The National Comprehensive Cancer Network (NCCN), an alliance of leading cancer centers, released an evidence-based consensus from leading medical experts on how best to provide optimal cancer management during the COVID-19 pandemic. The nonprofit organization’s Best Practices Committee detailed specific recommendations for keeping cancer patients, caregivers, and staff as safe as possible in a special feature published in the Journal of the National Comprehensive Cancer Network.

Adjusting Care Delivery

Lead author Pelin Cinar, MD, clinical assistant professor of gastrointestinal oncology, University of California San Francisco (UCSF), and medical director of Quality & Safety, UCSF Helen Diller Family Comprehensive Cancer Center, San Francisco, California, said providing patients with effective and compassionate care without sacrificing the health and safety of oncology teams, colleagues, and families is possible. However, it is only possible by carefully evaluating all emerging research and modifying treatment approaches accordingly.

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“The biggest change has been in how we are delivering care. With continued focus on our patient’s well-being, visits have in general moved to telemedicine (video or telephone visits), except for cases in which patients need to present to the cancer center for infusional anticancer therapy, radiation therapy, procedures, or tests,” Dr Cinar explained (personal communication, April 2020).

Cancer cases are evaluated very carefully and surgeries are still being offered to patients whose outcomes would be affected by a treatment delay. “There are often multidisciplinary conversations on how we can continue to provide the best possible care in a safe manner and without jeopardizing patient outcomes,” explained Dr Cinar. Patients with cancer and their loved ones already go through so much, and now they face new fears regarding COVID-19 or delaying necessary treatment. However, by sharing these recommendations NCCN hopes to reassure the oncology community that there are some aspects of care that can be controlled to improve outcomes for those undergoing treatment for cancer.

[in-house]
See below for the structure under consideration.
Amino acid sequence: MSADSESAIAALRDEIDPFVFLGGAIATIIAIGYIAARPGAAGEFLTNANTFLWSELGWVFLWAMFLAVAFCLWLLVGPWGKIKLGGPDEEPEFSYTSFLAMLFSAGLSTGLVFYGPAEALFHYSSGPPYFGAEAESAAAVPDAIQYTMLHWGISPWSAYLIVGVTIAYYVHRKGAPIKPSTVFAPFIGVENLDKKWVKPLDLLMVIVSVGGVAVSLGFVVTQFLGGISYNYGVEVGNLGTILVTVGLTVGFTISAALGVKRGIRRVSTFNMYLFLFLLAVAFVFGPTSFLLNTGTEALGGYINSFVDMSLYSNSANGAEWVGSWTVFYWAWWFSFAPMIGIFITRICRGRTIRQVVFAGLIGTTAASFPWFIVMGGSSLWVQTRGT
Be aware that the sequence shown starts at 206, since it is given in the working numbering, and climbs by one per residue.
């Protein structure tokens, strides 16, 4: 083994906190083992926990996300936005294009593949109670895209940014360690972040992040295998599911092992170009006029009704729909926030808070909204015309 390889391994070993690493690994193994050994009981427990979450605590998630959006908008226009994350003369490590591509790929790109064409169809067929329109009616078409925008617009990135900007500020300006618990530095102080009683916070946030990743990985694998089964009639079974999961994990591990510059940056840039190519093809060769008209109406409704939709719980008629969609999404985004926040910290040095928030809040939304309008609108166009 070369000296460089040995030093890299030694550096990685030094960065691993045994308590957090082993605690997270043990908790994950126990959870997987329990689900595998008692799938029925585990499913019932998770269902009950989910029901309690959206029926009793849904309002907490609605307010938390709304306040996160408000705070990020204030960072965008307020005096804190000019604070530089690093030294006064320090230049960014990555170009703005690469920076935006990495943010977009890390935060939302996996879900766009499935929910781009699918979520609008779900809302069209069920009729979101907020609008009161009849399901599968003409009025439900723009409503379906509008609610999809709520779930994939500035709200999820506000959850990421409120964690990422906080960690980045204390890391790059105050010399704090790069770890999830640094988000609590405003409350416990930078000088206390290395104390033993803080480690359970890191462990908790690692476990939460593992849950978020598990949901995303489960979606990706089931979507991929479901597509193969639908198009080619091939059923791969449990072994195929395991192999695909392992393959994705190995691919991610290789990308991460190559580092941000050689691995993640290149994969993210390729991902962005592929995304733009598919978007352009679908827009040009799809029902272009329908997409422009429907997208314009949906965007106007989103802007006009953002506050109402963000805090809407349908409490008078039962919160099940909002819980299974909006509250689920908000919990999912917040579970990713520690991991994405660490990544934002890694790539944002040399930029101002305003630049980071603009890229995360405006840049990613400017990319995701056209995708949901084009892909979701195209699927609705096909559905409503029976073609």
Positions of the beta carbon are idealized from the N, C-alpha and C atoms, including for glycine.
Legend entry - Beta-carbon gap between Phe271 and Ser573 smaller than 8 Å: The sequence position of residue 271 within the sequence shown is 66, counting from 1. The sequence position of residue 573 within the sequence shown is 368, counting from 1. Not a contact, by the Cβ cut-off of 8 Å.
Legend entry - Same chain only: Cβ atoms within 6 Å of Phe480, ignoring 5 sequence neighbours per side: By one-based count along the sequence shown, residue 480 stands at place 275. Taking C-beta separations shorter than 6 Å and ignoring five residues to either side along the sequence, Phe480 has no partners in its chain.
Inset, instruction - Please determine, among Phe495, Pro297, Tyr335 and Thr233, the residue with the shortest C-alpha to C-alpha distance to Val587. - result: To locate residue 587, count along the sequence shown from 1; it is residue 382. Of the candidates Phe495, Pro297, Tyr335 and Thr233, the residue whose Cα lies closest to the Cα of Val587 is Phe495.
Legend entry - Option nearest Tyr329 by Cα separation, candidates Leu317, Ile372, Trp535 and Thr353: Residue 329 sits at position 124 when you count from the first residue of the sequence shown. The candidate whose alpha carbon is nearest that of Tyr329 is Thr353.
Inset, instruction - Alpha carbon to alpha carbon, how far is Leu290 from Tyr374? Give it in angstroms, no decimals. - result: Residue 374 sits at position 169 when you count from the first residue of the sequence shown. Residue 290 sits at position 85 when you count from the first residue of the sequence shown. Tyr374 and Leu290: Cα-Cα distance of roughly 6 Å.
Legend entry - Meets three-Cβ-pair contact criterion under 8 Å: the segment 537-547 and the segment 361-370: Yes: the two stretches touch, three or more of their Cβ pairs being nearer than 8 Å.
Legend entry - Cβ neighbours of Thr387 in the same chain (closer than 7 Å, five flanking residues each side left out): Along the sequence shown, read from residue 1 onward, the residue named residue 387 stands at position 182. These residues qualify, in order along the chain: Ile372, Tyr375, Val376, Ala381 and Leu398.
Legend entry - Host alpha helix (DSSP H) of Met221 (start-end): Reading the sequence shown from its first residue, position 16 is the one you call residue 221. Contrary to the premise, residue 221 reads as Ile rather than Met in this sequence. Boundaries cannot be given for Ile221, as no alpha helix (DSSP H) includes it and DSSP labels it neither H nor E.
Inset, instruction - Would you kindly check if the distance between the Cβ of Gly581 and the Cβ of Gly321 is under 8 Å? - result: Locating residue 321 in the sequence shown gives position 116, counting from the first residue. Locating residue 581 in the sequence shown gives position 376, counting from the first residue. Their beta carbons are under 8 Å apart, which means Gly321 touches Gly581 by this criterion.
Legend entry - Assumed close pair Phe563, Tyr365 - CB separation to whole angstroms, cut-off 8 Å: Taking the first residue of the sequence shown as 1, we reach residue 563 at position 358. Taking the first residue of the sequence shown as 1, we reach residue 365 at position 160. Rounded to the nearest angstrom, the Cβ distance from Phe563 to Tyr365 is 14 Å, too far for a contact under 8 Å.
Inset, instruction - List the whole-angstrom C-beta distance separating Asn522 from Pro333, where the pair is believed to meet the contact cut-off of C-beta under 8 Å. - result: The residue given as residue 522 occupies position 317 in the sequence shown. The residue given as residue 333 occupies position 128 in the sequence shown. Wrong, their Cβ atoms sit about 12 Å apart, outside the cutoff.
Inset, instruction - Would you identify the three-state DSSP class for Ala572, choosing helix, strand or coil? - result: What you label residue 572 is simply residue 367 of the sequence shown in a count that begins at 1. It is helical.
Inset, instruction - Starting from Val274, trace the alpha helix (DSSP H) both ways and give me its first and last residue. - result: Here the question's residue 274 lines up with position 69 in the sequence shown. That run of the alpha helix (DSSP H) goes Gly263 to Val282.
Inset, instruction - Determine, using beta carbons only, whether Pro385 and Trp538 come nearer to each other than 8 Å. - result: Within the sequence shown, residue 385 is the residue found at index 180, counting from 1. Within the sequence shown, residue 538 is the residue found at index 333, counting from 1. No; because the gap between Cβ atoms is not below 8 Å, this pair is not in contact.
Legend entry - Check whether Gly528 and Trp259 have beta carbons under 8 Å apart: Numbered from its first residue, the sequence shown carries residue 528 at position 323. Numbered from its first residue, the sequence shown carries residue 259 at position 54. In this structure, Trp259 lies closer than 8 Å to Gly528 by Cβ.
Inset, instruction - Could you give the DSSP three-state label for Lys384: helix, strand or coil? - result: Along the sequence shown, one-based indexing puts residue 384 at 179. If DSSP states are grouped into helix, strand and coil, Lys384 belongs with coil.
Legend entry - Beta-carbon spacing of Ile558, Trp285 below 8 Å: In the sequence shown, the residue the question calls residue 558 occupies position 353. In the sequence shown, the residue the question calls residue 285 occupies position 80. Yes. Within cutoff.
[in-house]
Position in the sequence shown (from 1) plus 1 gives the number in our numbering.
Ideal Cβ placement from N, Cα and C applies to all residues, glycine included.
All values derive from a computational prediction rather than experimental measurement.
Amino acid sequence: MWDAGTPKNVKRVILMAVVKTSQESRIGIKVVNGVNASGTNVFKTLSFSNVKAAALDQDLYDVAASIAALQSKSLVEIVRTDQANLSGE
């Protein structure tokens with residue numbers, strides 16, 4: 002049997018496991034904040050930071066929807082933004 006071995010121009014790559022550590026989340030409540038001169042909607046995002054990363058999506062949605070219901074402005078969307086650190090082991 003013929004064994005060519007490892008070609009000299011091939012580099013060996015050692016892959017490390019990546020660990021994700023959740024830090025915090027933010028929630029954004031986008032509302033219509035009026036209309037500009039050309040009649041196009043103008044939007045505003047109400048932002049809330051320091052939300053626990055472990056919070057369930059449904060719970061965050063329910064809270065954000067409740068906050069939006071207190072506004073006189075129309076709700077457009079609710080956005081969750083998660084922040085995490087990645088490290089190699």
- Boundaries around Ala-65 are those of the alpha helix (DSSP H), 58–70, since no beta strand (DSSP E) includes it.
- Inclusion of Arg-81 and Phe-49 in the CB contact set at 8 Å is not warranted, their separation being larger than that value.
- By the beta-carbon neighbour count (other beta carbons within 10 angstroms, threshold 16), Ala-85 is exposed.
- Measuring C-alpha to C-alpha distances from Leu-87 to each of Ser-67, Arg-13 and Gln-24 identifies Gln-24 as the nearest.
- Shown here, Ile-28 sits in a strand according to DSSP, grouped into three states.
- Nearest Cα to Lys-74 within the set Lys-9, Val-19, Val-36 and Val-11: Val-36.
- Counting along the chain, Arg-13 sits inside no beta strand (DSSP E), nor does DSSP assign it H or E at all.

Best Practices Recommendations

Although the special feature presented the most current information at the time of publication, the authors note that recommendations regarding public safety and practice may change rapidly. Currently, the NCCN Best Practices Committee recommends prescreening and screen for COVID-19 symptoms and exposure history via telephone calls or digital platforms. Develop screening clinics to allow for patients with symptoms to be evaluated and tested in a dedicated unit with dedicated staff. Converting in-person visits to telemedicine visits when possible, and adopt a limited or no visitor policy.

The recommendations call for considering alternative dosing schedules to allow for fewer in-person visits to the cancer center and/or the infusion center, and switching from infusional therapy to oral oncolytics if equivalent formulation is available. The committee recommends transitioning outpatient care, such as pump disconnections, administration of growth factors, and delivering hormone therapy, to care-at-home whenever possible. It also recommends increasing interval times between scans or using biochemical markers in lieu of scans.

“The most important take-home message is to keep up with the ever-changing recommendations made by CDC, local agencies, and institutional guidelines. We are continuing to learn about COVID-19, and this is allowing the experts to evolve the guidelines and recommendations accordingly,” said Dr Cinar.  “As leaders in cancer centers, we are responsible for keeping abreast of these recommendations, adopting them in our own institutions and making certain that our healthcare provider communities are aware of the algorithms and workflows.”